Stanford breaks ground on new business school

The Stanford Graduate School of Business broke ground Wednesday on a new 360,000-square-foot campus that will seek to achieve the highest level of green building certification, while addressing the academic needs of the school's new MBA curriculum.

The new buildings will satisfy not only the university's guidelines for sustainable buildings but will also seek a platinum certification, the highest level of the U.S. Green Building Council's LEED rating certification system.

“Leading universities of the 21st century need business schools that foster extraordinary intellectual innovation and collaboration,” Robert L. Joss, dean of the Stanford Graduate School of Business, said in a statement. “This new campus provides the physical infrastructure to enable that academic vision to come to life at Stanford.”

Architects from Portland, Oregon-based BOORA Architects designed the complex of buildings to blend the indoors with the outdoors to create a feeling of outdoor rooms. The landscaping will be arranged to maximize energy efficiency and reduce water usage.

“We are going to use landscape and plantings to shade the buildings so that there is reduced expenditure of energy,” Stanford spokeswoman Barbara Buell said.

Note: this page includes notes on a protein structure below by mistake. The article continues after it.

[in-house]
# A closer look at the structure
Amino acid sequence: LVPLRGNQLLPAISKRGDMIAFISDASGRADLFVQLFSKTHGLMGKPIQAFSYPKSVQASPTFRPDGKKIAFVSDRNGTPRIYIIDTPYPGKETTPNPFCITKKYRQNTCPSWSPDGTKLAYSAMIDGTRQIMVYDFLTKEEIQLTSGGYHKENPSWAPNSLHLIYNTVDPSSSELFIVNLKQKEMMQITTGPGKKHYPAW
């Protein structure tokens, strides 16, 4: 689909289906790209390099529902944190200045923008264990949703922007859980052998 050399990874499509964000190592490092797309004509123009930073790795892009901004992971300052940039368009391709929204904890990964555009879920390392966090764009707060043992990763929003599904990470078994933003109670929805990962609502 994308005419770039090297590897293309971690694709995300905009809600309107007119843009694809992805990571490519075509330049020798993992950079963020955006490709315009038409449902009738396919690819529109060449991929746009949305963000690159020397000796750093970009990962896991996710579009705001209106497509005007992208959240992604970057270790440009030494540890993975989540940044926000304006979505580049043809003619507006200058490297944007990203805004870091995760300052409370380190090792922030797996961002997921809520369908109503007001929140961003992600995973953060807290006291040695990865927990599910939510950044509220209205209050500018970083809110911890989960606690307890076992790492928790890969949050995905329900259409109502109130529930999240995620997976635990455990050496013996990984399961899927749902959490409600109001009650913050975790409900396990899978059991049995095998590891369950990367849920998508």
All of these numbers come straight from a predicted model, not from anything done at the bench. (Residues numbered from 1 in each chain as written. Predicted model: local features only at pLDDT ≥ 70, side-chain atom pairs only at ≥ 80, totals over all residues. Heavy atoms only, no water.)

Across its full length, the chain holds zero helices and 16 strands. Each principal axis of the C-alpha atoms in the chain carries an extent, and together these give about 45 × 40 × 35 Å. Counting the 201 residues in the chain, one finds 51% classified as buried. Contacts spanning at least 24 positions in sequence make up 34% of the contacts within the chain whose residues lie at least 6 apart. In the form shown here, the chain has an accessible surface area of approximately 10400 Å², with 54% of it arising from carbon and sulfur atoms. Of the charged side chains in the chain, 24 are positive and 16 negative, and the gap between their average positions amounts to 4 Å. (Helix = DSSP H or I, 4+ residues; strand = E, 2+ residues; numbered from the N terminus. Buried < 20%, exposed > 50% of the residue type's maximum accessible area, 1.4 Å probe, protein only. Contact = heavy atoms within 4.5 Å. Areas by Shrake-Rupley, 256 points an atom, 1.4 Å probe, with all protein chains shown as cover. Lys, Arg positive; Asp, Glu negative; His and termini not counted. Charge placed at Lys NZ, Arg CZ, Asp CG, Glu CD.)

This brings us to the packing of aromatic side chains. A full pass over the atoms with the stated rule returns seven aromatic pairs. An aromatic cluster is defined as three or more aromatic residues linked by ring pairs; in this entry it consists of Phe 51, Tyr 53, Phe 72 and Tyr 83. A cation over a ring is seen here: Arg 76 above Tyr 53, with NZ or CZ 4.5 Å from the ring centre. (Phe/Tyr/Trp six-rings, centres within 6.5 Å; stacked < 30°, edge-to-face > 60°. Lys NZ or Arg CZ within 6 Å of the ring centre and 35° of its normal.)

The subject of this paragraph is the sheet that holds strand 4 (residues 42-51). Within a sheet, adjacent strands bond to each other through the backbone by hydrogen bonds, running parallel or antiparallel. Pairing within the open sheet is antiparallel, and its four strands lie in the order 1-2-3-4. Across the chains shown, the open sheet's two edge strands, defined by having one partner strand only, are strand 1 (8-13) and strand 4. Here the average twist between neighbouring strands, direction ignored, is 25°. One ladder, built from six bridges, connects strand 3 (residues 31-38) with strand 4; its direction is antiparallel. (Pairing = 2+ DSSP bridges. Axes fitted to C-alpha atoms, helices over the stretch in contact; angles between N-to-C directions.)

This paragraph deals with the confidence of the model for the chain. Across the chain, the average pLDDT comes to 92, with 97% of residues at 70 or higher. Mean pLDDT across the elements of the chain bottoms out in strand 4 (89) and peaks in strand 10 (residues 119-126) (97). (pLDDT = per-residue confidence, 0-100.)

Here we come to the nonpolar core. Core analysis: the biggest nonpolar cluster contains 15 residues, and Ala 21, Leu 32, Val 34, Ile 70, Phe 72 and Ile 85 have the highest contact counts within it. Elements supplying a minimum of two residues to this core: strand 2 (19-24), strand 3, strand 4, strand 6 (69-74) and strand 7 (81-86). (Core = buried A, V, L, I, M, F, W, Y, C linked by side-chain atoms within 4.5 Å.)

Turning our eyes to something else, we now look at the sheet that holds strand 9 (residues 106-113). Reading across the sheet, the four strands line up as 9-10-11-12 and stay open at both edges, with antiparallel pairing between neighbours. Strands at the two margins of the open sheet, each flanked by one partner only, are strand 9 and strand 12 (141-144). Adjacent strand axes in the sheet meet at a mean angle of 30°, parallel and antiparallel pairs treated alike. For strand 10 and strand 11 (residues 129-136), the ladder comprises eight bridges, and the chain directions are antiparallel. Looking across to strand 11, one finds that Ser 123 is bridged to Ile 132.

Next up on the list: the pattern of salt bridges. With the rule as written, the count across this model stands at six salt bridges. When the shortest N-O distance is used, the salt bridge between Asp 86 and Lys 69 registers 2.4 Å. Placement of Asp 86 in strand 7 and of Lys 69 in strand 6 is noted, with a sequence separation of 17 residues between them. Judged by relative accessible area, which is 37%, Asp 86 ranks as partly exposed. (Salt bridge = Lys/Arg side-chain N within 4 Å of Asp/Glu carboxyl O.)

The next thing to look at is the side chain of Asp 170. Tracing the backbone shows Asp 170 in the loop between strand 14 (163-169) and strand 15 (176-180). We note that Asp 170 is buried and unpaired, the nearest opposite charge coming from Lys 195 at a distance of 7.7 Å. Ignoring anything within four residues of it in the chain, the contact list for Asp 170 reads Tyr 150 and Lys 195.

Drawing on a toolbox of sustainable ideas, the architects opted to plan for a series of small buildings instead of one large building, which would be more difficult to heat and cool. Cool evening air will be drawn and recycled to reduce the need for air conditioning throughout the day.

Also included in the environmental sustainability design are plans to reduce overall water usage by at least 30 percent, in part by using rainwater or re-circulated gray water, which will reduce the use of potable water.

Solar technology will be incorporated to help reduce current energy efficiency standards by 40 percent, and to ensure healthy indoor air quality, low- or non-volatile organic compound-emitting materials will be used.

Between 50 percent and 75 percent of non-hazardous construction debris will be recycled or salvaged.

The new campus of the business school will include a 600-seat lecture hall, dining facilities, 900 underground parking spaces and dedicated space for career management and executive education programs. It will be named the Knight Management Center, for Phil Knight, Stanford MBA graduate and founder and chairman of Nike, Inc.

In 2007 the school launched a new MBA curriculum that focuses on smaller classes. The new campus design reflects that by including flexible classroom space and breakout study rooms.

The project will cost at least $350 million and is funded in part by a donation of $105 million from Knight. It is expected to open in 2010.

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